Latha ends on a very persuasive note:
“What we need is some informed debate on what is India’s best interest at this particular stage instead of going for a wholesale import of an American system that could prove ineffectual. Otherwise, we could be headed for a nuclear deal in our science establishment — corrosive, divisive and ultimately ineffective.”
I reproduce her article below:
The simmering suspicions over a proposed bill on intellectual property rights (IPR) that would give government-funded universities and research institutions the right to patent innovations has spilled out into the open once again with a popular blog on IPR publishing the text of the secretive bill.
Spicy IP, run by Shamnad Basheer, research associate at the Oxford Intellectual Property Research Centre, has posted what it claims is the text of the Public Funded Research and Development (Protection, Utilisation and Regulation of Intellectual Property) Bill, 2007. No one here calls it by this long-winded name; in any discussion it is just referred to as India’s Bayh-Dole Act (BDA) because it is based on the American law of that name. Introduced in the US in 1980, that bit of legislation gave universities the IPR over results of federally-funded research. Academia was encouraged to commercialise its innovations through licensing, etc. The Economist gushed that it was “possibly the most inspired piece of legislation to be enacted in America over the past half-century,” inspiring several other countries to follow suit. China passed its own BDA towards the end of 2007, while India is among a group of developing countries that is hoping to make such a law the Open Sesame to an explosion of innovation.
The Bill put out by the blog confirms much of what has been disclosed in bits and driblets. But it is typical of the government that it has chosen to keep the details of the proposed law under wraps, leaving far too much to conjecture — and quite often to misconception for want of facts. Prepared by the Ministry of Science and Technology, the Bill has been doing the rounds of the various ministries and is scheduled to be tabled in Parliament soon, according to the grapevine.
In essence the Bill aims to make our largely cocooned universities more responsive to the marketplace. This in itself may not be a bad thing but with a large body of scientists up in arms over the proposed law we need to understand why. Opinion is sharply divided even in the US on the effectiveness of the BDA. To its champions, it was the trigger for the technology explosion in the US in the 1980s that made it the world’s leading innovator. The critics, though, say it is too simplistic an assumption because there is no data to back such claims and that the innovative outburst would have occurred in any case.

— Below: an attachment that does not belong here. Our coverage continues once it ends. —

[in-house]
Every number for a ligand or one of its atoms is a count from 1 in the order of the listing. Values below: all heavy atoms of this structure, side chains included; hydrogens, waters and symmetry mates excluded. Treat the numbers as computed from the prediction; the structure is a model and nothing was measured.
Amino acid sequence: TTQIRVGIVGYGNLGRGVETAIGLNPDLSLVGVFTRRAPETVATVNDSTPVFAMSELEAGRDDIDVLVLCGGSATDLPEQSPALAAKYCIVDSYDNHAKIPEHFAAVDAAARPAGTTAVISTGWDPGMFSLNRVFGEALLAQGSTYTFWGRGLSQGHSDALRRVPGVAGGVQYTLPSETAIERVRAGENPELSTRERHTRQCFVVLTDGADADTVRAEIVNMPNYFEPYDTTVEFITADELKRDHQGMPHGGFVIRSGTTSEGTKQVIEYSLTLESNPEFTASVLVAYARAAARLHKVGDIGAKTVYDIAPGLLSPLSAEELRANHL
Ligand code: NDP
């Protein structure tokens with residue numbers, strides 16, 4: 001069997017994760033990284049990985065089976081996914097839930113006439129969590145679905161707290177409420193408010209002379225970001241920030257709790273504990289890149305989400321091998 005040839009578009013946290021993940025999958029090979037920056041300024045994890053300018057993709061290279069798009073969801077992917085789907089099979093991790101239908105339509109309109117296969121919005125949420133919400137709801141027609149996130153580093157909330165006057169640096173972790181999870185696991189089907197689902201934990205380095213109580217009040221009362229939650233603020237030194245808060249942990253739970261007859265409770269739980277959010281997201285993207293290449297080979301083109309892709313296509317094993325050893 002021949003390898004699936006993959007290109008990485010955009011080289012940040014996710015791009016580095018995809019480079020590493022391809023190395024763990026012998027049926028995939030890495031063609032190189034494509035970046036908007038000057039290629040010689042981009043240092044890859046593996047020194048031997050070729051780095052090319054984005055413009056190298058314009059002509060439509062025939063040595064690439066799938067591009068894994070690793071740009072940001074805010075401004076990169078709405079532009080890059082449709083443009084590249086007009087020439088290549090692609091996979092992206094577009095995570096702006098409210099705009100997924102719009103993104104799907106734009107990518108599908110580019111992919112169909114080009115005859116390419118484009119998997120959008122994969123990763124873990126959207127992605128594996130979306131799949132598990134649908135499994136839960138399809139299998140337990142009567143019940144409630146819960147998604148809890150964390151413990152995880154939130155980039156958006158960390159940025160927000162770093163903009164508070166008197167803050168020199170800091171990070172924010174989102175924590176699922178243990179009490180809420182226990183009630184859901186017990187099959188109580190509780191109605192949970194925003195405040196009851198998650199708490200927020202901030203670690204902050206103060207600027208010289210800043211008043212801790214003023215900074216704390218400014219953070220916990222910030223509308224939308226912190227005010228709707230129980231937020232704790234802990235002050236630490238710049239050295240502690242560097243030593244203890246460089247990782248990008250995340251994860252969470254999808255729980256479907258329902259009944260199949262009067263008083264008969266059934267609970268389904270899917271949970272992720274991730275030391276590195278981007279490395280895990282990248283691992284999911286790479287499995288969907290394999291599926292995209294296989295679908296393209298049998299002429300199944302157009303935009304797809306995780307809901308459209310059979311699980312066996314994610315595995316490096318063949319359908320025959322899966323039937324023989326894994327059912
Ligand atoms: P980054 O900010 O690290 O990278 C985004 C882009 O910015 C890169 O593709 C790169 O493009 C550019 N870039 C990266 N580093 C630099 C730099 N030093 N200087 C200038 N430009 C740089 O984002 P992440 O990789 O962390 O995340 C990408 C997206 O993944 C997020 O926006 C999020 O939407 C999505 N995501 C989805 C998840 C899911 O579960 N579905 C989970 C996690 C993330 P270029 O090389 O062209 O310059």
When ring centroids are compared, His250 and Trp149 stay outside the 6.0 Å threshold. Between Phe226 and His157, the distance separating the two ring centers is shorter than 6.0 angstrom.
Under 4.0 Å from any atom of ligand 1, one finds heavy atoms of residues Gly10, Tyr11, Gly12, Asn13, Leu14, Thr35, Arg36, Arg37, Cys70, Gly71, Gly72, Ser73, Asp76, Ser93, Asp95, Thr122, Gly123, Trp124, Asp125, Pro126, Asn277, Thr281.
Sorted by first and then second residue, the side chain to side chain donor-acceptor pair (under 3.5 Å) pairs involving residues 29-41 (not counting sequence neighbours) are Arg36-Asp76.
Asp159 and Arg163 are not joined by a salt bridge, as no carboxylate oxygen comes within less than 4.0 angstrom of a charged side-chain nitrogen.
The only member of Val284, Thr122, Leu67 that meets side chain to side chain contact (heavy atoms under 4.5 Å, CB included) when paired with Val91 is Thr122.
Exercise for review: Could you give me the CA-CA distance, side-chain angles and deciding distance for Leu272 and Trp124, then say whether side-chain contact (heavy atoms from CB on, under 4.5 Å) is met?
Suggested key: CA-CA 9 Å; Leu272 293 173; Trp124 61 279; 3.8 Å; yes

The most illuminating analysis comes in Ivory Tower and Industrial Innovation: University-Industry Technology Transfer before and after the Bayh-Dole Act written by David C. Mowery, Richard R. Nelson, Bhaven N. Sampat, and Arvids A. Ziedonis. The authors say that the tradition of university-industry linkage in the US was established long before the BDA; what the law did primarily was to harmonise federal policy rather than introduce any revolutionary change although it did provide a further impetus to academic patenting and a huge rise in the number of academic institutions involved in patenting and licensing. This, however, had a seamy side to it: the rise in patenting by universities during the 1980s was accompanied by a decrease in the quality of patents, says the book based on a survey.
For India, the circumstances and the concerns are vastly different. For one, our universities have a poor R&D base and although the Bill promises that researchers will get a chunk of the monetary benefits (30 per cent net of expenses on IP protection) accruing from any patents, it is doubtful how such a law alone will help to kick start an environment that is geared to innovation. Besides, the patenting infrastructure in the country and more so in academia is so woeful that law will prove quite ineffective.
While some critics have problems with some key provisions of the Bill, such as the 90-day limit given to government-funded universities and non-profit research institution to declare their inventions, there are many scientists who are totally opposed to the Bill. One such is Dinesh Abrol, senior scientist with the National Institute of Science, Technology and Development Studies (Nistads) of Delhi who says universities must be allowed to maintain their mission of diffusing knowledge independent of state and market and without subordinating them to corporate interests.
Technology transfers can and do happen through many channels, and the diverse methods now in use would be restricted by the new law, says Abrol. Nistads is one of the one of the 38 institutes grouped under the Council of Scientific and Industrial Research (CSIR) whose chief, Samir Brahmachari, has been advocating the open source system (reported several times in this column) of collaborative, incentive-based research.
What we need is some informed debate on what is India’s best interest at this particular stage instead of going for a wholesale import of an American system that could prove ineffectual. Otherwise, we could be headed for a nuclear deal in our science establishment — corrosive, divisive and ultimately ineffective.